Garn Felen cairn is a match for Carn y Bugail in size. The top has been similarly scooped, but without the pointy rebuild. It remains a seriously impressive monument though, the plentiful limestone scattered all over the mountain's top being an easy source for such a monster. From here the obvious focal point is actually Garn Felen III and the Waun Rydd summit beyond, with a deep valley in between. So it's to Garn Felen III that I head next.
The obvious cairn here is a small, pointy, modern thing, but it sits on a great rounded mound of limestone blocks that forms the northern end of the long summit ridge. Coflein has recognised this for another bronze age cairn, although the OS don't mark it. Beyond, the ground falls steeply away, to a lower shelf where Garn Felen
enclosure is visible. The landscape below the cairn is a weird, pock-marked sea of natural sink holes and possibly some human intrusion, like a turf-skinned holey cheese. The bigger scarring of the modern quarry is just visible over the ridge beyond.
I head back across to the SW to the summit trig point. I think this marks the highest point of the mountain, but the substantial nature of the main cairns means that they may rise above it. The trig has been well placed for the better sight-lines over to the west though. From here the three big cairns are laid out in profile, and what an impressive trio they make. Interestingly there is a flattened, circular patch of limestone blocks surrounding the trig. Could this be the remnants of yet another cairn? It certainly seems possible, although the Uplands Survey recorded the trig pillar but didn't comment on this in doing so.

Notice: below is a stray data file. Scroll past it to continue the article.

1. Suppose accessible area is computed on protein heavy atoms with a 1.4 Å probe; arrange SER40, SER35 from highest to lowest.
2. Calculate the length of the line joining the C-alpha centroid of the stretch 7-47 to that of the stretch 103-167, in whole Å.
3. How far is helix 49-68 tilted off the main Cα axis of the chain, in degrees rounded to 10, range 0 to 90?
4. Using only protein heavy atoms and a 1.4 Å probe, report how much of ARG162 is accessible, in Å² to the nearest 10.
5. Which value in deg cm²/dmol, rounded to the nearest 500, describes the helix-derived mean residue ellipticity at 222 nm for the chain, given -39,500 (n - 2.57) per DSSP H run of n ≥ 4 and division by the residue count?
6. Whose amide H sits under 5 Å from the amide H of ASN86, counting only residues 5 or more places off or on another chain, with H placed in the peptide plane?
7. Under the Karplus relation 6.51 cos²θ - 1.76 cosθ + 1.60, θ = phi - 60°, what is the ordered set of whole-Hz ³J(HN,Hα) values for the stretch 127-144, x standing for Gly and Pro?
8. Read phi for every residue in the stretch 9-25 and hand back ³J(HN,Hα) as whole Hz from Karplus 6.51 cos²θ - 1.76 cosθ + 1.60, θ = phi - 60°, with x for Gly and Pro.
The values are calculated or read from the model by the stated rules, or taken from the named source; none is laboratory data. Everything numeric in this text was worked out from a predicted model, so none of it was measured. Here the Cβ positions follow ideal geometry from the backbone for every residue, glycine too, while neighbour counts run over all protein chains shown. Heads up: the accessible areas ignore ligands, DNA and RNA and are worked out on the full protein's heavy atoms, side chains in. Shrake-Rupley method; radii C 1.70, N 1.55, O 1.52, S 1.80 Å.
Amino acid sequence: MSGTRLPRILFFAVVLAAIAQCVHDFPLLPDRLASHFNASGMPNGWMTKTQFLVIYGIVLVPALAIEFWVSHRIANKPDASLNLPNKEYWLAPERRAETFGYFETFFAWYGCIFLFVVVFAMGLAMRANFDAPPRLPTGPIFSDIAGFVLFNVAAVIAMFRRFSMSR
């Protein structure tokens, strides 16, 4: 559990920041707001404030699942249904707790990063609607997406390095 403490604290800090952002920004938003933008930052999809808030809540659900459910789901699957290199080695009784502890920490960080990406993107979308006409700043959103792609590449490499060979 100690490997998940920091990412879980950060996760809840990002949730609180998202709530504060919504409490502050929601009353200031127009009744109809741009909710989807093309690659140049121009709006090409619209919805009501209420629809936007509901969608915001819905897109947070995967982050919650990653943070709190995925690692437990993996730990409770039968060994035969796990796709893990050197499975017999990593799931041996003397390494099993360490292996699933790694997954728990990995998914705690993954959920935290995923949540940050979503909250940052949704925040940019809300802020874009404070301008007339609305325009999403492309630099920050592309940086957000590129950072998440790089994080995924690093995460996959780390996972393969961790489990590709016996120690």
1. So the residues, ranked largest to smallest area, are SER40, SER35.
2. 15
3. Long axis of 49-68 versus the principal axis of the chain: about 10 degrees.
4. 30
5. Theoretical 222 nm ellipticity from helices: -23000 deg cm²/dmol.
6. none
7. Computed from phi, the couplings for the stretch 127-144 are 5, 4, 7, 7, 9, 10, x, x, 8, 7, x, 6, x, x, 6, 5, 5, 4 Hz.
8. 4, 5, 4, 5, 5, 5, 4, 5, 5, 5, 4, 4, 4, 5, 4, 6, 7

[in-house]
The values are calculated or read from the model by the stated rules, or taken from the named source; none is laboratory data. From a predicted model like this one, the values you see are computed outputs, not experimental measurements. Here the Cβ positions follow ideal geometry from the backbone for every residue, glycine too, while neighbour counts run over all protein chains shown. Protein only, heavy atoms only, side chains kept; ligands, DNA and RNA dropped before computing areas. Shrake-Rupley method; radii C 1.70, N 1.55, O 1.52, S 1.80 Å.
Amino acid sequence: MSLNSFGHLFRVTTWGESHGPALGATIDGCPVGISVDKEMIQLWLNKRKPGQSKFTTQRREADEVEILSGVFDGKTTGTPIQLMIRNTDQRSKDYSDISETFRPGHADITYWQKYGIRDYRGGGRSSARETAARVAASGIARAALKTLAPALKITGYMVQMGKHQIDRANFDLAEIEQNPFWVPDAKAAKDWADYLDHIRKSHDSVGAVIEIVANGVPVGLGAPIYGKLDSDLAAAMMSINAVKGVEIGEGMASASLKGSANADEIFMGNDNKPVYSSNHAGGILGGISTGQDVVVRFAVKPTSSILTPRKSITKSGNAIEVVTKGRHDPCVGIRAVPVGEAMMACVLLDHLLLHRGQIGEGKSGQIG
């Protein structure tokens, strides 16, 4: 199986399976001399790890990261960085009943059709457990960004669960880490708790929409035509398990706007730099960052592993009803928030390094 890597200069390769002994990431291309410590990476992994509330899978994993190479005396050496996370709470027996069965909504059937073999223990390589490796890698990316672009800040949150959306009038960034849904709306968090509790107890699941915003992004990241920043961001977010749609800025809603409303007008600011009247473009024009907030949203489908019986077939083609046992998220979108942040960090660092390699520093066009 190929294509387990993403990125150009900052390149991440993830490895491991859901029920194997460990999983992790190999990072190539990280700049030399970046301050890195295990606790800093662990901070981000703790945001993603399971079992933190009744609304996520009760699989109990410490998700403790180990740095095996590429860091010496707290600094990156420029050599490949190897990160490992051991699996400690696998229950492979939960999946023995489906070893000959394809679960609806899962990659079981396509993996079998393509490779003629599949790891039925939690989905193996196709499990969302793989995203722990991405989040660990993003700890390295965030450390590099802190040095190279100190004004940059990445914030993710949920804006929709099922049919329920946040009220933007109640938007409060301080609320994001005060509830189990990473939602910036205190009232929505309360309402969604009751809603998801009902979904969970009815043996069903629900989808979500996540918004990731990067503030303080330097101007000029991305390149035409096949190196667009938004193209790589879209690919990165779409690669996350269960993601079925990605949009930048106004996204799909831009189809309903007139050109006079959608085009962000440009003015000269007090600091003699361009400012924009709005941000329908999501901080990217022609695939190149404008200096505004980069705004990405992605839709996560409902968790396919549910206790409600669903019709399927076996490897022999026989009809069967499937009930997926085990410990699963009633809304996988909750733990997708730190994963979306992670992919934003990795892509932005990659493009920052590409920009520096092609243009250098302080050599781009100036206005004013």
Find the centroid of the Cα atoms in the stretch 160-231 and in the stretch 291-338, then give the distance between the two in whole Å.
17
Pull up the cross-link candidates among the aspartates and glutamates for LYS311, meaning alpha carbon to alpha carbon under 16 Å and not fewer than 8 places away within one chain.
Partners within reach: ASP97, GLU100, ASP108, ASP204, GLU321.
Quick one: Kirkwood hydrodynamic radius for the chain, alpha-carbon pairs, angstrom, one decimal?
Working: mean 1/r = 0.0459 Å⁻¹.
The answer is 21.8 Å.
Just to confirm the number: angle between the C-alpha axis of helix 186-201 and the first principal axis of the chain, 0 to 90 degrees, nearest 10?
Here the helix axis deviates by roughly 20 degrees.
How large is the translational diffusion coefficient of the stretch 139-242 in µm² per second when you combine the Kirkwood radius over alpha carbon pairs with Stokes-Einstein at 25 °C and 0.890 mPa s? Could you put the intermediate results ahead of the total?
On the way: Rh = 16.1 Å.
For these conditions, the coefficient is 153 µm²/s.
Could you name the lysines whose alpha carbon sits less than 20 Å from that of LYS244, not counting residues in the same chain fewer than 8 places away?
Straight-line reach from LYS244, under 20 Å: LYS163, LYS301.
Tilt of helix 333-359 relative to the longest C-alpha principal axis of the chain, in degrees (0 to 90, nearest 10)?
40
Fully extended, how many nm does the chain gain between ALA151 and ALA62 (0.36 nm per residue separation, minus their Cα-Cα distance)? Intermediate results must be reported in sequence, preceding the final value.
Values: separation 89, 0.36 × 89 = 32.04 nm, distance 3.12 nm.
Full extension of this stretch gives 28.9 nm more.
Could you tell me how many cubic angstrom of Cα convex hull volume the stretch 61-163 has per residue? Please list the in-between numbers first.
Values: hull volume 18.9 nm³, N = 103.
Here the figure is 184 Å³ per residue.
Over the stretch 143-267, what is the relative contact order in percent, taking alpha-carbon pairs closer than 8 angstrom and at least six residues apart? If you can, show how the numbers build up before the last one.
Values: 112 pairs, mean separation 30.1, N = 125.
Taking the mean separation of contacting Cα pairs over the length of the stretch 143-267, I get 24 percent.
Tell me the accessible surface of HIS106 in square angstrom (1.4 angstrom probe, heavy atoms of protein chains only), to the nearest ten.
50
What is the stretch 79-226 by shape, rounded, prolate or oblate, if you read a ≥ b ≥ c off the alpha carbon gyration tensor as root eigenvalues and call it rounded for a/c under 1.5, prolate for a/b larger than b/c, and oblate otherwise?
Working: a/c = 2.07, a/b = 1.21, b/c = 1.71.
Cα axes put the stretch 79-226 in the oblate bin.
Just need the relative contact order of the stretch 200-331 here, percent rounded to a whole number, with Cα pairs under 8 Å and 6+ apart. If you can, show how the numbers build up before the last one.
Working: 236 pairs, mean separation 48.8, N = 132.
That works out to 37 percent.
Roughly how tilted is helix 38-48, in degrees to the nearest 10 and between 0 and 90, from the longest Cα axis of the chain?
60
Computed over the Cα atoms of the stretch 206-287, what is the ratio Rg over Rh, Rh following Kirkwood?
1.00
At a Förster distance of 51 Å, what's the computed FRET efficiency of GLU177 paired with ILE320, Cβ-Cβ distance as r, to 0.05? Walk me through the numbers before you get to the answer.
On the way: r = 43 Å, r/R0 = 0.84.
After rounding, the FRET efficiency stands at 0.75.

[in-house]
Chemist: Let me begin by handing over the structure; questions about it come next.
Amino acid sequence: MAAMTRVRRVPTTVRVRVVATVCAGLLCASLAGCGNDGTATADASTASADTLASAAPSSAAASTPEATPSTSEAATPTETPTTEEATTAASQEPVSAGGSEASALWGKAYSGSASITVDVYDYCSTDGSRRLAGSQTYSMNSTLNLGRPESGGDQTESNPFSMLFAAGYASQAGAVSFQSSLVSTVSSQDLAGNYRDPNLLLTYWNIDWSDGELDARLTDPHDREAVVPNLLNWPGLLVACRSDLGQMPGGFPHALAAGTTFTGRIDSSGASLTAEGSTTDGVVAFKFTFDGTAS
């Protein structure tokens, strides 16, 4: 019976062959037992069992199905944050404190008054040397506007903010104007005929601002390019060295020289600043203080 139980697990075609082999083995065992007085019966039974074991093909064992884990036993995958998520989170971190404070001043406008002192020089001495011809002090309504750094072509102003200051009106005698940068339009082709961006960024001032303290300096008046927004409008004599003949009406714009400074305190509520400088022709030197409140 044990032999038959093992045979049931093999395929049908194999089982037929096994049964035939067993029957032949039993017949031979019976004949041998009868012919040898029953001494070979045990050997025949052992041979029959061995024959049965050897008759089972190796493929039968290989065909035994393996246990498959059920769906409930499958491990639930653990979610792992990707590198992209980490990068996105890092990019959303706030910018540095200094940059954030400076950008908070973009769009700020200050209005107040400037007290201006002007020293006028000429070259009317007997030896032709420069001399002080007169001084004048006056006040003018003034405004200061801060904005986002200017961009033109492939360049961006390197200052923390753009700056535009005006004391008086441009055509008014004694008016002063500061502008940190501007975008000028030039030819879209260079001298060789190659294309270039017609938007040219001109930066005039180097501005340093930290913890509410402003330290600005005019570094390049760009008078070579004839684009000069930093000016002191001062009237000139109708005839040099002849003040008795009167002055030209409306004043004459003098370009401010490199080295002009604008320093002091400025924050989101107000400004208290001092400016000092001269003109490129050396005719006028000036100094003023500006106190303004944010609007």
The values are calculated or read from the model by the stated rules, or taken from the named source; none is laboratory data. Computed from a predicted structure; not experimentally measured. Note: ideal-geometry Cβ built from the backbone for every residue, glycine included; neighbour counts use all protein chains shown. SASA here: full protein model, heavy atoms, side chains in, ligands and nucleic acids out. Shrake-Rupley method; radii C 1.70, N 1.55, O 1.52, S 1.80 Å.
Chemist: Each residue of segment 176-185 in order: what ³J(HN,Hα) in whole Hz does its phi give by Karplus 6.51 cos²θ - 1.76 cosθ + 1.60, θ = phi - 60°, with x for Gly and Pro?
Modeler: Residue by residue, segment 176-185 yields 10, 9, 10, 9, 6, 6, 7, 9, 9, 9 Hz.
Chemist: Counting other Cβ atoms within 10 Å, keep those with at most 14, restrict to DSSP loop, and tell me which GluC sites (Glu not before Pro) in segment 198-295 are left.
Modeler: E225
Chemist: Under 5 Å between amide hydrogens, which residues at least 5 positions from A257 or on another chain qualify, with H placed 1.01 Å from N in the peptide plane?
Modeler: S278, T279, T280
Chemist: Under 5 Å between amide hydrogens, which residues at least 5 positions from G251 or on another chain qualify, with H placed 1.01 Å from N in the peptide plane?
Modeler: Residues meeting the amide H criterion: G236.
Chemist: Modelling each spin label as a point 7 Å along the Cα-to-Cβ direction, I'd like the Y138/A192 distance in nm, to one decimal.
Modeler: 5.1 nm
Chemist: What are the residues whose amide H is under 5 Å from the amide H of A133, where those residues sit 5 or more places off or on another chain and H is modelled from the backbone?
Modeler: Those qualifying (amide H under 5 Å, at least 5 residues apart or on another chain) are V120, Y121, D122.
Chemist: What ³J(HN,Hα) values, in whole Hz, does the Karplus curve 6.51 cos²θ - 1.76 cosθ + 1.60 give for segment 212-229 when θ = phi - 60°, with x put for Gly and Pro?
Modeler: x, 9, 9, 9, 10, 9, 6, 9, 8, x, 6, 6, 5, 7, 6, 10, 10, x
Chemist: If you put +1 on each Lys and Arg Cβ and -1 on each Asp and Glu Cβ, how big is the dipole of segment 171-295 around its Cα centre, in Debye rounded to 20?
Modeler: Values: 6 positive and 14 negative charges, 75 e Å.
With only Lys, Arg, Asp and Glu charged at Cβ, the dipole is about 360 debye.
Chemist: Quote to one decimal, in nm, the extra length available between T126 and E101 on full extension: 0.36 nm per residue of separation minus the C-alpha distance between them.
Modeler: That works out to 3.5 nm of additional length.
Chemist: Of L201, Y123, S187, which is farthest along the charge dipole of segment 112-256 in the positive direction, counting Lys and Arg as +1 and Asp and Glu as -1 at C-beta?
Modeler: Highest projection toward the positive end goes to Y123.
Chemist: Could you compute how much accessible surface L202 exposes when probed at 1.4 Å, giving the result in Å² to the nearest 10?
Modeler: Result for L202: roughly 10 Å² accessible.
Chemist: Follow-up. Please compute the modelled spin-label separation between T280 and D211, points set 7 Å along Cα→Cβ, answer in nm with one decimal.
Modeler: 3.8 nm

Looking westwards, the ground drops away into a little cwm. On the slope opposite are the remains of Garn Felen II, a shattered cairn in a slightly odd situation. All that remains is a turfed over doughnut, with a scatter of exposed limestone blocks on the downslope side, the whole thing perched halfway down the slope. Compared to the other three cairns it is slight and has no impressive views either to or from it (although the prominent bump of Garn Felen III is in clear view). But it does make for a nice sheltered spot to sit and contemplate the minds of the people who came to this exposed, rugged mountain top millennia ago. They left behind monuments that survive so well and I'm sure they would be pleased to know that the places still exerts such a pull on this visitor.
I head across to the enclosure. Oblong in shape, the stonework of the walls still stands to a few courses high. Much more limestone lies around and about, so building material was certainly not an issue. What is rather less clear is why the structure has been built around a shake hole. I assume (geologists, please help) that the hole was already there when the walls were put up around it. It's not very big, so its mysterious portal-to-the-underworld qualities are fairly limited. Odd.